Gamboge, powdered

Synonyms and Related Terms

Garcinia sp.; Natural Yellow 24; gomaguta (Esp., Port.); Gummigutt (Deut.); gomme-gutte (Fr.); gomma gutta (It.); giallo Cambogia (It.); gamboji (Jap.); shio (Jap.); kiyo (Jap.); gamboge (Ned., Port.); camboge; cambogia; gum gutta; gutto gumbo; guti ambar; gambogium; rattan yellow; wisteria yellow; gummi-gutti; Siam gamboge; Ceylon gamboge; gokatu gamboge

FTIR (MFA)

Gamboge 297.TIF

Raman (UCL)

GambogeUCL.jpg

EEM Color

Gamboge color.PNG

EEM Line

Gamboge line.PNG

SEM

F296sem.jpg

EDS

F296edsbw.jpg

XRF

Slide 9 FC296.PNG


Other Properties

Yellow resinous portion is soluble in ethanol. Colorless carbohydrate portion is soluble in water. Burns with an odor of resin. Turns red in dilute alkali solutions.

The small amorphous particles are transparent in transmitted light.

ISO R105 Lightfastness Classification = 2-3

Density 1.2
Refractive Index 1.582-1.586

Hazards and Safety

Discolors to red with ammonia and other alkali. Fades in sunlight or ozone.

Toxic by ingestion.

Additional Information

° J.Winter, "Gamboge", Artists Pigments, Volume 3, E. West FitzHugh (ed.), Oxford University Press: Oxford, 1997.

Additional Images


Sources Checked for Data in Record

  • Artists' Pigments: A Handbook of their History and Characteristics, Elisabeth West FitzHugh, Oxford University Press, Oxford, Vol. 3, 1997 Comment: J.Winter, "Gamboge"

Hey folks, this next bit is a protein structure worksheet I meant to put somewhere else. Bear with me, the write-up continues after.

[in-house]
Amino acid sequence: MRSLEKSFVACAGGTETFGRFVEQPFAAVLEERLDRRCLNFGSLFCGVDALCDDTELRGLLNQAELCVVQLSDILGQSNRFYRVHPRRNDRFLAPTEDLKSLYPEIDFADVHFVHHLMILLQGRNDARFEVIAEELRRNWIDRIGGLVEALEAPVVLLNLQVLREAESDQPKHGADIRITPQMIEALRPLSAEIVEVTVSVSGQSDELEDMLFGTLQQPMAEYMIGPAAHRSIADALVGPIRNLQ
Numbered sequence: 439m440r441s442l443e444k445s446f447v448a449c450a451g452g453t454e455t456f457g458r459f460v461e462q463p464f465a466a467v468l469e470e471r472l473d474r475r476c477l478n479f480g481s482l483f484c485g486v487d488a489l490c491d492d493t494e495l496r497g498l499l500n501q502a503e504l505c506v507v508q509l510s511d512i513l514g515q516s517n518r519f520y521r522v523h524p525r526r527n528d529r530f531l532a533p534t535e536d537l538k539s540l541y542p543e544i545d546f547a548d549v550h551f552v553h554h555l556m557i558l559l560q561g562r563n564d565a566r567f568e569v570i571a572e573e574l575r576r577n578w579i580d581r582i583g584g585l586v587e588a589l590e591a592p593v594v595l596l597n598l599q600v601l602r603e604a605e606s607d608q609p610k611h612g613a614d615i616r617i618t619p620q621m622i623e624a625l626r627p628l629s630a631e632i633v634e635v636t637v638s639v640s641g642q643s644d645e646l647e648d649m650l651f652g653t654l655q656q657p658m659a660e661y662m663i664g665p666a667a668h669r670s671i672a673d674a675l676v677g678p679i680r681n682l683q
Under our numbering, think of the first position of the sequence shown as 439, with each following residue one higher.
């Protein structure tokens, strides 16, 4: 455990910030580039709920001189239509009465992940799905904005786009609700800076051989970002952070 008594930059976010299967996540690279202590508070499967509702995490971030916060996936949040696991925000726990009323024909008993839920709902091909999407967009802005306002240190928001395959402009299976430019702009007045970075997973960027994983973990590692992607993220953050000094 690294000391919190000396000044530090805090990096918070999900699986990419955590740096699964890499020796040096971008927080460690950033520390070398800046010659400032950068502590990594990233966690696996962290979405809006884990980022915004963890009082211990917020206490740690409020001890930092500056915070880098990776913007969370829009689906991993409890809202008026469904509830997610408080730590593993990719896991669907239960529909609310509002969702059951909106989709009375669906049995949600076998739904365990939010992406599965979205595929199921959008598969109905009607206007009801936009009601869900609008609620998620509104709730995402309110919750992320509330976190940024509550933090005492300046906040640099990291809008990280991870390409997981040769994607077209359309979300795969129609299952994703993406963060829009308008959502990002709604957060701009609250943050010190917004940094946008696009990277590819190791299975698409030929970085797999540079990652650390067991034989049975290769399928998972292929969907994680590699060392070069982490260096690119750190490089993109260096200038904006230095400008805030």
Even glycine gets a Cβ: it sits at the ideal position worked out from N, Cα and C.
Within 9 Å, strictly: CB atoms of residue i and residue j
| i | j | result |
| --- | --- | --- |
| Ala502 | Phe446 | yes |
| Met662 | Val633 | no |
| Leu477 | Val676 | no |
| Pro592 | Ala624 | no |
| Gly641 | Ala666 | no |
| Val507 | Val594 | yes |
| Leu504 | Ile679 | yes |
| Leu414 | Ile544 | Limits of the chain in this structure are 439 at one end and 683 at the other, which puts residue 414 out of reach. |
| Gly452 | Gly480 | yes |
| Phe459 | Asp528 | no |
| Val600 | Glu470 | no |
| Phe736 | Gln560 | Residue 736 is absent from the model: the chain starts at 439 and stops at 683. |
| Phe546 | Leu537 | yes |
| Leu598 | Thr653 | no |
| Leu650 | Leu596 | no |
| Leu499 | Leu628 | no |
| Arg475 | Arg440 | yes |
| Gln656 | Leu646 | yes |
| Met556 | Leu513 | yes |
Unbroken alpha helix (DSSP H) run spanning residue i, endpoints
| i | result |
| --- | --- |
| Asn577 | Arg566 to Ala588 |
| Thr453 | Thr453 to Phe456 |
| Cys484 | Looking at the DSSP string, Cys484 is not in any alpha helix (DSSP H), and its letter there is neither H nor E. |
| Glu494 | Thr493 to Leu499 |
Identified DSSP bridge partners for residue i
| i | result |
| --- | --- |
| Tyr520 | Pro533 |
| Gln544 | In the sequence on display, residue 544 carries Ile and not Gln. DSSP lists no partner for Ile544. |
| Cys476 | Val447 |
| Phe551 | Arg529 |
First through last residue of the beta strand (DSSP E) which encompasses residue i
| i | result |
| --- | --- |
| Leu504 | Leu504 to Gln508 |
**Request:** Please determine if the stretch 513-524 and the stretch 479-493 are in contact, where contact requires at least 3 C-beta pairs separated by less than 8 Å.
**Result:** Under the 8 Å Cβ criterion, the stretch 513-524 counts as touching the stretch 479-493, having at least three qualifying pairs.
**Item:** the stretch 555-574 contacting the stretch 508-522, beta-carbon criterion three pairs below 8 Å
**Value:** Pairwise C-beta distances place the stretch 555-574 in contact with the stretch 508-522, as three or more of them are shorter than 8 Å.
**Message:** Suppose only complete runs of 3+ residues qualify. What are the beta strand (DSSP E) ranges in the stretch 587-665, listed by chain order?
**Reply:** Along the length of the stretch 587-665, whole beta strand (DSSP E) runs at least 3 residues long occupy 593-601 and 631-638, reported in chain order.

• Encyclopedia Britannica, http://www.britannica.com Comment: Gamboge. Retrieved June 1, 2003, from Encyclopædia Britannica Premium Service.
  • The Dictionary of Art, Grove's Dictionaries Inc., New York, 1996 Comment: 'Pigments'
  • R. J. Gettens, G.L. Stout, Painting Materials, A Short Encyclopaedia, Dover Publications, New York, 1966
  • Ralph Mayer, A Dictionary of Art Terms and Techniques, Harper and Row Publishers, New York, 1969 (also 1945 printing)
  • M. Doerner, The Materials of the Artist, Harcourt, Brace & Co., 1934
  • R.D. Harley, Artists' Pigments c. 1600-1835, Butterworth Scientific, London, 1982
  • F. Crace-Calvert, Dyeing and Calico Printing, Palmer & Howe, London, 1876
  • Helmut Schweppe, Schweppe color collection index and information book
  • Book and Paper Group, Paper Conservation Catalog, AIC, 1984, 1989
  • R.Feller, M.Curran, C.Bailie, 'Identification of Traditional Organic Colorants Employed in Japanese Prints and Determination of their Rates of Fading', Japanese Woodblock Prints, Allen Memorial Art Museum, Oberlin College, Oberlin, 1984
  • Website address 1 Comment: "Violin Varnish Glossary" at www.violins.on.ca/luthier.vargloss.html
  • CRC Handbook of Chemistry and Physics, Robert Weast (ed.), CRC Press, Boca Raton, Florida, v. 61, 1980 Comment: density=1.2